The book is quite good but it can sometimes be hard to read. Especially the algorithms could use some extra explination in a natural language. The book tends to skip to the formal proof right away which is harder to read if one does not completely understand the algorithm yet. The upside of this is that the book is quite to the point.
The book's examples are all in Java, which is usually no problem for someone who knows a comparable language like C#. There are however a few cases where examples refer to specific Java libraries which are not available for C# (or comparable languages) or which work differently. The book does have an appendix with a few pages about how to do multithreading in different langauges, but it does not go into differences important for the examples.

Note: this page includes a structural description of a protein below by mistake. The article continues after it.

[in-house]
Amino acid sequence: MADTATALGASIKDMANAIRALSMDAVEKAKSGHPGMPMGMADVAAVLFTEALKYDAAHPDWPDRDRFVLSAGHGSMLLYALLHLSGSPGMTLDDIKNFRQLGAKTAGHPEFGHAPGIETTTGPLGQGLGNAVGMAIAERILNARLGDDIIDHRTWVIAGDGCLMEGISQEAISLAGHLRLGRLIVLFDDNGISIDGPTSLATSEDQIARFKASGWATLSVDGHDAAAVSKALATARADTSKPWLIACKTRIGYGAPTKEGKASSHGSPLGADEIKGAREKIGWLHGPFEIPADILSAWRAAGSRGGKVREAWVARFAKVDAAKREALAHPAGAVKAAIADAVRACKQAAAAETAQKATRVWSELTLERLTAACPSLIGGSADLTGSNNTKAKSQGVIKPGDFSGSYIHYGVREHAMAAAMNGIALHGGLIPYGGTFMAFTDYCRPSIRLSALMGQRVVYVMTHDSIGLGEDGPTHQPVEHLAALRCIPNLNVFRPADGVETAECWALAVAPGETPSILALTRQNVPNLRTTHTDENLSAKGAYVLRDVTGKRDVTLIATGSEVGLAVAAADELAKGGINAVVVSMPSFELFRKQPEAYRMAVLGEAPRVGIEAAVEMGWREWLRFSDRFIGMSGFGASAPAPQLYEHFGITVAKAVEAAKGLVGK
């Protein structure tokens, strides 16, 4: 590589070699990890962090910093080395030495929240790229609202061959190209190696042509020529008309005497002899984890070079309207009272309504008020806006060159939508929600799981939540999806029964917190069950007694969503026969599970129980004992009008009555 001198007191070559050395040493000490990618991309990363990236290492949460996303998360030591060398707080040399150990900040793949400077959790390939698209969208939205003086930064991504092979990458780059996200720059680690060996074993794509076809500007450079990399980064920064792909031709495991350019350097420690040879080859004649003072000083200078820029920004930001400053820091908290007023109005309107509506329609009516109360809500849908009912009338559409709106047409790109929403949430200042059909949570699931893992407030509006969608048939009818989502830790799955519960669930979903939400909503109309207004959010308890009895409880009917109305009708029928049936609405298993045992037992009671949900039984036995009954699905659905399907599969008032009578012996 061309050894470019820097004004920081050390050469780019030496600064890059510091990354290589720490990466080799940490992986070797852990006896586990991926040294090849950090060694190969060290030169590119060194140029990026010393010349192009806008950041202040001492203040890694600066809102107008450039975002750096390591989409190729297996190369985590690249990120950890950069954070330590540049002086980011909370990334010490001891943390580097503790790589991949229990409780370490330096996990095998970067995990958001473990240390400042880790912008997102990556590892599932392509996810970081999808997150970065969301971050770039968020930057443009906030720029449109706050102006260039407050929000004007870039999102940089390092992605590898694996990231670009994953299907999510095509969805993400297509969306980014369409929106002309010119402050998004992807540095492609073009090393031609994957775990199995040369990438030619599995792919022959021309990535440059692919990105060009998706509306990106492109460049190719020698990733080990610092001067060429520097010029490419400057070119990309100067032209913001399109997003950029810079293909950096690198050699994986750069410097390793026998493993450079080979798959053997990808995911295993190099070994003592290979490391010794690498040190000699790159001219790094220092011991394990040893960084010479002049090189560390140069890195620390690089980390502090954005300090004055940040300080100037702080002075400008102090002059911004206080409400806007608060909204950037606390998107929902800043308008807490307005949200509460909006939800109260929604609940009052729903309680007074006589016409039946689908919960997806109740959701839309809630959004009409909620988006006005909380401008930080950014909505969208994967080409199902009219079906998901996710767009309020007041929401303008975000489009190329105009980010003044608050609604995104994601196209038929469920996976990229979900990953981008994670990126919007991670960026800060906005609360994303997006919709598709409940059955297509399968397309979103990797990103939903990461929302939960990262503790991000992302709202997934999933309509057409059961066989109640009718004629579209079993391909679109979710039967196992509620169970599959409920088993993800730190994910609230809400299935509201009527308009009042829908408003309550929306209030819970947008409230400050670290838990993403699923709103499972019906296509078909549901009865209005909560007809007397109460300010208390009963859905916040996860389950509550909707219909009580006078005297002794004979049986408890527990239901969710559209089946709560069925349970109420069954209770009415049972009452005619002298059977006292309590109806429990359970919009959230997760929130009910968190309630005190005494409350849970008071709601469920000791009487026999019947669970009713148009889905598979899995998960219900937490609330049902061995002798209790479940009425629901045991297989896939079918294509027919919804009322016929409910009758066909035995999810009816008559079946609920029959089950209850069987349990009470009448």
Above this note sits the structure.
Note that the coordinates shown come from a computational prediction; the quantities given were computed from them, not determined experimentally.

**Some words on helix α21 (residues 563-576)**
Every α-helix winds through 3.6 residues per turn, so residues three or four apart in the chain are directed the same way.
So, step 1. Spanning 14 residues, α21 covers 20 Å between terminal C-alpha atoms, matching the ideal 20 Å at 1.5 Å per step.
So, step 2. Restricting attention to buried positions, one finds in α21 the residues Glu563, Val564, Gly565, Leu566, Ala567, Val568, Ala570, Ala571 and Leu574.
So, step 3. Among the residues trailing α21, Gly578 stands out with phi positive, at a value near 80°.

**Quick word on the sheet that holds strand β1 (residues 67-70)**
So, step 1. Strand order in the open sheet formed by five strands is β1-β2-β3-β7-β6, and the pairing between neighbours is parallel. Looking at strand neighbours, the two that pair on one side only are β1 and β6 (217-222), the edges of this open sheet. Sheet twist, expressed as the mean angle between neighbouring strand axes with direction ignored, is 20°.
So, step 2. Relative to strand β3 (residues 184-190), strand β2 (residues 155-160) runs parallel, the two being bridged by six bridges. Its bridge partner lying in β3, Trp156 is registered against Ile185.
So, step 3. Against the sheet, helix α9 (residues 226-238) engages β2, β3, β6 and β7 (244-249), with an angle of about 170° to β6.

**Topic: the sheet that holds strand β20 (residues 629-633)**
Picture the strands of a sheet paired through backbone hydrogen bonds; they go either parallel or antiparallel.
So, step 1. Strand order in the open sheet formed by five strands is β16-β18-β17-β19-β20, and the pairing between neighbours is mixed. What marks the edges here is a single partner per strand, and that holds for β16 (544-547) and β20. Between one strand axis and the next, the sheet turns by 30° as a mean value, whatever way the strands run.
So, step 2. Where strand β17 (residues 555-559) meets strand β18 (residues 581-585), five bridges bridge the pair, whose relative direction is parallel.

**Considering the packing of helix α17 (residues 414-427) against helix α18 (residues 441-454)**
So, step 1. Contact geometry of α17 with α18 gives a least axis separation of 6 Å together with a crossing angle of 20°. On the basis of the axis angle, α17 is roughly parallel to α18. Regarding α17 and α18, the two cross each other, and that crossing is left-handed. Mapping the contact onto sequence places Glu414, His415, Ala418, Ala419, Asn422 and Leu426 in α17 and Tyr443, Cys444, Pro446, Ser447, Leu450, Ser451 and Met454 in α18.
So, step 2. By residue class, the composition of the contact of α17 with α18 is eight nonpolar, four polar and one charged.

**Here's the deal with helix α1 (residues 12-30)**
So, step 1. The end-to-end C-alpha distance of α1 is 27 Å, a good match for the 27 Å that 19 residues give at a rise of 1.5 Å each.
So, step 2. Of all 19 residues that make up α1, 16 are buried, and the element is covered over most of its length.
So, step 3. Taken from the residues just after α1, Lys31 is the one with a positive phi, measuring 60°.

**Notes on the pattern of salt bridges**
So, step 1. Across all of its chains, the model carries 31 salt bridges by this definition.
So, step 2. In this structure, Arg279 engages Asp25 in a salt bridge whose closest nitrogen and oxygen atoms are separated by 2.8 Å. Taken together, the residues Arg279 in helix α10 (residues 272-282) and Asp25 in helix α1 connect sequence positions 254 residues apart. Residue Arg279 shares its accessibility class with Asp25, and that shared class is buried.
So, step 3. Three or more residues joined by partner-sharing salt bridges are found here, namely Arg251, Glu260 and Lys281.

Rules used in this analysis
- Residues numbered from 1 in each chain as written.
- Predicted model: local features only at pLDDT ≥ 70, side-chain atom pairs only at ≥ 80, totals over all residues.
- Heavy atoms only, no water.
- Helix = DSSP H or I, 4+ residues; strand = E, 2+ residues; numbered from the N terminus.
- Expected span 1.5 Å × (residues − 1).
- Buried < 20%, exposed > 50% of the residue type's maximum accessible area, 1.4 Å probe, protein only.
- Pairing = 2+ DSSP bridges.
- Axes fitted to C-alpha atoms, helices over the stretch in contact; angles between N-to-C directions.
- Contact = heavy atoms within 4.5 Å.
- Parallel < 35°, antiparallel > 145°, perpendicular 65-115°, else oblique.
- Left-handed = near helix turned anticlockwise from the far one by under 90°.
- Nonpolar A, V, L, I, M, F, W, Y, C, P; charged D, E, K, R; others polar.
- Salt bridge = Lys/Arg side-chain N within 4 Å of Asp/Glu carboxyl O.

Very comprehensive, covers all areas of multiprocessing, building from abstract primitives into fully implementable software constructs. Also co-authored by a Djikstra and Turing award winner seen as the leader within this field.
A well written book on multiprocessor programming. The companion site is very helpful, make sure you check out the errata for this book, as there are quite a few code errors, http://booksite.elsevier.com/9780123705914
A book to *study*, not to skim through, and one which is best read with an internet connection and preferably a coding environment available to try out things as you go along (Java is the preferred choice for the examples in the book.)
A must-read for anyone who is serious about developing high performance software (servers, game engines, processing pipelines...)